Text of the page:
In order to build healthy soil, unless you have major issues in your garden, it is enough to continue good soil building practices and using mulch. The quantity of organic material, the physical structure, and moisture in your soil has a direct bearing on microbial activity - which is hugely important. While I haven't touched on it in this article, many elements are made available to plants ONLY through the activity of bacteria and fungi in the soil, and delivered via available water - so to quote Dr Paul Hepperly from the Rodale Institute:
Want to know more?
@GLSC we've recently brought in copies to sell of "Gardening Down Under". This is a very useful Australian book written by former CSIRO soil scientist, Kevin Handreck. The book is full of easy to understand soil information, including ways to improve soil and deal with specific soil problems, growing in pots, compost making, efficient watering - etc. Copies are $50 and with Christmas just around the corner - why not grab one for the green thumb in your house!
Comfrey (Symphytum officinale) is a herbaceous perennial related to Borage - and if you're keen on making your own compost and fertiliser at home, or improving your soil generally - you should consider adding at least one plant to your garden; it's an extremely useful plant.
Comfrey has a deep root system, which is helpful in heavy soils as a pioneer plant to open up soil structure, and also as a soil stabiliser on banks or slopes. Additionally, because of its deep roots, it is known as a 'dynamic accumulator'- as it can scavenge nutrients deeper than other plants, which it recycles into its leaves as it grows. So, if you use the leaves in compost, liquid teas, or as a mulch, you're directly returning these nutrients to the soil and effectively recycling them. For an easy chop & drop solution, grow Comfrey around your fruit trees. You can trim off leaves several times a year and the plant will continue producing more. You can even go over it with a lawn mower!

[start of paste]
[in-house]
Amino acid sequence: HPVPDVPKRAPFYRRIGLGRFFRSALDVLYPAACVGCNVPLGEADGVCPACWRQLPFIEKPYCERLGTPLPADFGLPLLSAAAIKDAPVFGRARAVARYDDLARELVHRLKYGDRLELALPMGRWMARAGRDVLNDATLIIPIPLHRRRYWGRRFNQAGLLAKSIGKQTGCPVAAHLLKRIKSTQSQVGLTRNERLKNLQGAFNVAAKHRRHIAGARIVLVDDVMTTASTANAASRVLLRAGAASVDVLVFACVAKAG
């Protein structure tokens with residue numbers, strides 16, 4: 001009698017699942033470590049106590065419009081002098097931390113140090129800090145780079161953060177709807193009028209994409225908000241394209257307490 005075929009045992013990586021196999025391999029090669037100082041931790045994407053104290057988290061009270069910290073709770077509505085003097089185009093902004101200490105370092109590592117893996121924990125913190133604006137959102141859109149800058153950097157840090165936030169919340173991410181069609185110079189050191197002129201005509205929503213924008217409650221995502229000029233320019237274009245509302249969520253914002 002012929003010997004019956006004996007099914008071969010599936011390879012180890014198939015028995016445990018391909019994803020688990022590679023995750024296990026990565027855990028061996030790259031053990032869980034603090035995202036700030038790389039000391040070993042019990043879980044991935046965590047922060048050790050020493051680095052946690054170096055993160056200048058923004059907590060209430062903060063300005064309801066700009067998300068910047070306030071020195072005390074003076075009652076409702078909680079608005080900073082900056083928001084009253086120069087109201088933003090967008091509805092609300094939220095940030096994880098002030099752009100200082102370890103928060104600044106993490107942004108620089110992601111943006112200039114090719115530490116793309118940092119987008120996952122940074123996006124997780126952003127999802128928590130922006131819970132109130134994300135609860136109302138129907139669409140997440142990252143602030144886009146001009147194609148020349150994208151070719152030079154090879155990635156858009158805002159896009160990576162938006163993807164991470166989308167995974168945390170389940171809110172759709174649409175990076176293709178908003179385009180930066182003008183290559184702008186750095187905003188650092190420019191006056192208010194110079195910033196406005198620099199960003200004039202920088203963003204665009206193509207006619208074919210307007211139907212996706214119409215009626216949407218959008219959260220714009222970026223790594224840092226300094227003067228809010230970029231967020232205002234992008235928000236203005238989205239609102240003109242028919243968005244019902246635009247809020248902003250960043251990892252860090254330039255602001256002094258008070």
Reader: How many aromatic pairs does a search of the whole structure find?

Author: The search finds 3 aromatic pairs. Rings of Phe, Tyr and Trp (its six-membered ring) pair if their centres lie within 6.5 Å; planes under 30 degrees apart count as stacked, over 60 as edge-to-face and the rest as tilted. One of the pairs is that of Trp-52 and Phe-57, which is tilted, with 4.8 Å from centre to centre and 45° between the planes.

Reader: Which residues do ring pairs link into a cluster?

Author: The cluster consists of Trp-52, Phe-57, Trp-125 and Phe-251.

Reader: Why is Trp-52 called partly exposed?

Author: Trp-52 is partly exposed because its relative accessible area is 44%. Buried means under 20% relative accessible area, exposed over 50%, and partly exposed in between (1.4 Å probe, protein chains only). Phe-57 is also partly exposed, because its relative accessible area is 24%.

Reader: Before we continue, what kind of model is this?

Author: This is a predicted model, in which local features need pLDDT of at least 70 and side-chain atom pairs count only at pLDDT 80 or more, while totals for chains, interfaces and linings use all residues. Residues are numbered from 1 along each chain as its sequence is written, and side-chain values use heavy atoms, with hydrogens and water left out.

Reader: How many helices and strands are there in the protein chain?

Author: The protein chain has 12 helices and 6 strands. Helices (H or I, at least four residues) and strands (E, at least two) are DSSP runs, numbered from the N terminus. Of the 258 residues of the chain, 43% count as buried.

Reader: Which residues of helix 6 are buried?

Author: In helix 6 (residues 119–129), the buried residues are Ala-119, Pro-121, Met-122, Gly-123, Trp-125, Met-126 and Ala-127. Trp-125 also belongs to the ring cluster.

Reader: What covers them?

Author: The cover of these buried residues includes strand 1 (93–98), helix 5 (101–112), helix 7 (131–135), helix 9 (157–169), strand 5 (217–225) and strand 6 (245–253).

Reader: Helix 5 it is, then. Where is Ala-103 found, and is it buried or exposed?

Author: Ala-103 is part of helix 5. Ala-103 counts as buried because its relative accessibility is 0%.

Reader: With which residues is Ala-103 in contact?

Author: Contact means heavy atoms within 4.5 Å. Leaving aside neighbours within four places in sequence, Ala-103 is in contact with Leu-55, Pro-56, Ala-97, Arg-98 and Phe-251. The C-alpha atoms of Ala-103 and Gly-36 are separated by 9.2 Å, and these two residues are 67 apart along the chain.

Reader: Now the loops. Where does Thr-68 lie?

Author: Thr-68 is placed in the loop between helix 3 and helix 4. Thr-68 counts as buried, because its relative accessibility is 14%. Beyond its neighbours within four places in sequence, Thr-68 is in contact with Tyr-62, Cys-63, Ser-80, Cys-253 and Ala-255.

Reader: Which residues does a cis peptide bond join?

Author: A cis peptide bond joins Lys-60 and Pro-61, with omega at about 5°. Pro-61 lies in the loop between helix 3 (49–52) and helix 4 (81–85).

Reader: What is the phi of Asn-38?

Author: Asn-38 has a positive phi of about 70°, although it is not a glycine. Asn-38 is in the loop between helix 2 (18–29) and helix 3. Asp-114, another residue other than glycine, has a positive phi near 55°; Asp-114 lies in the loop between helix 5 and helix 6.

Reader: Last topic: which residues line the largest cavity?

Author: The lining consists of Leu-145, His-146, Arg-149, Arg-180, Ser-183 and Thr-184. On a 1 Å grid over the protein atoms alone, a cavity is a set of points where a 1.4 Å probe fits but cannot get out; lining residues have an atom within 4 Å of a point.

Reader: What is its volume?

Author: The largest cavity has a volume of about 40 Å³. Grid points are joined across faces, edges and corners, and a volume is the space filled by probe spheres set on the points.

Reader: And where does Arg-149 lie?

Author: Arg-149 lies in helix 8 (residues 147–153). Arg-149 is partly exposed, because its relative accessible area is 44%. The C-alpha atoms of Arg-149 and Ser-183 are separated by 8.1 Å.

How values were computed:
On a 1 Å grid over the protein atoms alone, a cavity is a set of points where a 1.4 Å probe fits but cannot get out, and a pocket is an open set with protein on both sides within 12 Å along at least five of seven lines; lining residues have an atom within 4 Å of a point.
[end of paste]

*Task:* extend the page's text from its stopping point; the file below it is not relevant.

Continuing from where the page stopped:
Comfrey leaves have been shown to accumulate high levels of potash, nitrogen and phosphate, as well as calcium, iron, magnesium and silica. As dry matter, leaves can contain between 15-30% protein, making them comparable to legumes. Comfrey can be used as a fodder plant for poultry, goats and rabbits; but feed in moderation.
Comfrey dies back in the winter time, so stop harvesting end of Autumn to allow the plant to build up reserves before dying back. It is usually propagated by division in spring, although you can get away with division most of the year. Drive a sharp spade through the root mass to divide it, and re-plant small pieces (about 3-5cms) into pots or spread elsewhere in the garden - ideally leaving a good half a metre between plants. Plant growing tips a couple of centimetres below the surface, and keep moist until new leaves emerge. Comfrey can be grown from seed but it notoriously difficult to germinate; hence division is the most reliable method of propagation. Because plants go dormant, you may find Comfrey plants difficult to find in nurseries at certain times of the year. Stock is coming through again now - and we have plants available @ GLSC.
Comfrey originated in Europe and naturally prefers moist spots - however it is quite tough, and will thrive in Perth as long as you improve the soil, give it a good drink at least weekly and MULCH well. It can tolerate full sun (although leaves can wilt & burn) but part sun is more ideal. It sends out clusters of mauve/pink flowers on spikes that appear above the foliage - up to about a metre high - in late Spring (see photo below right). Plants can spread to about 1m wide, but regular trimming can restrict this growth.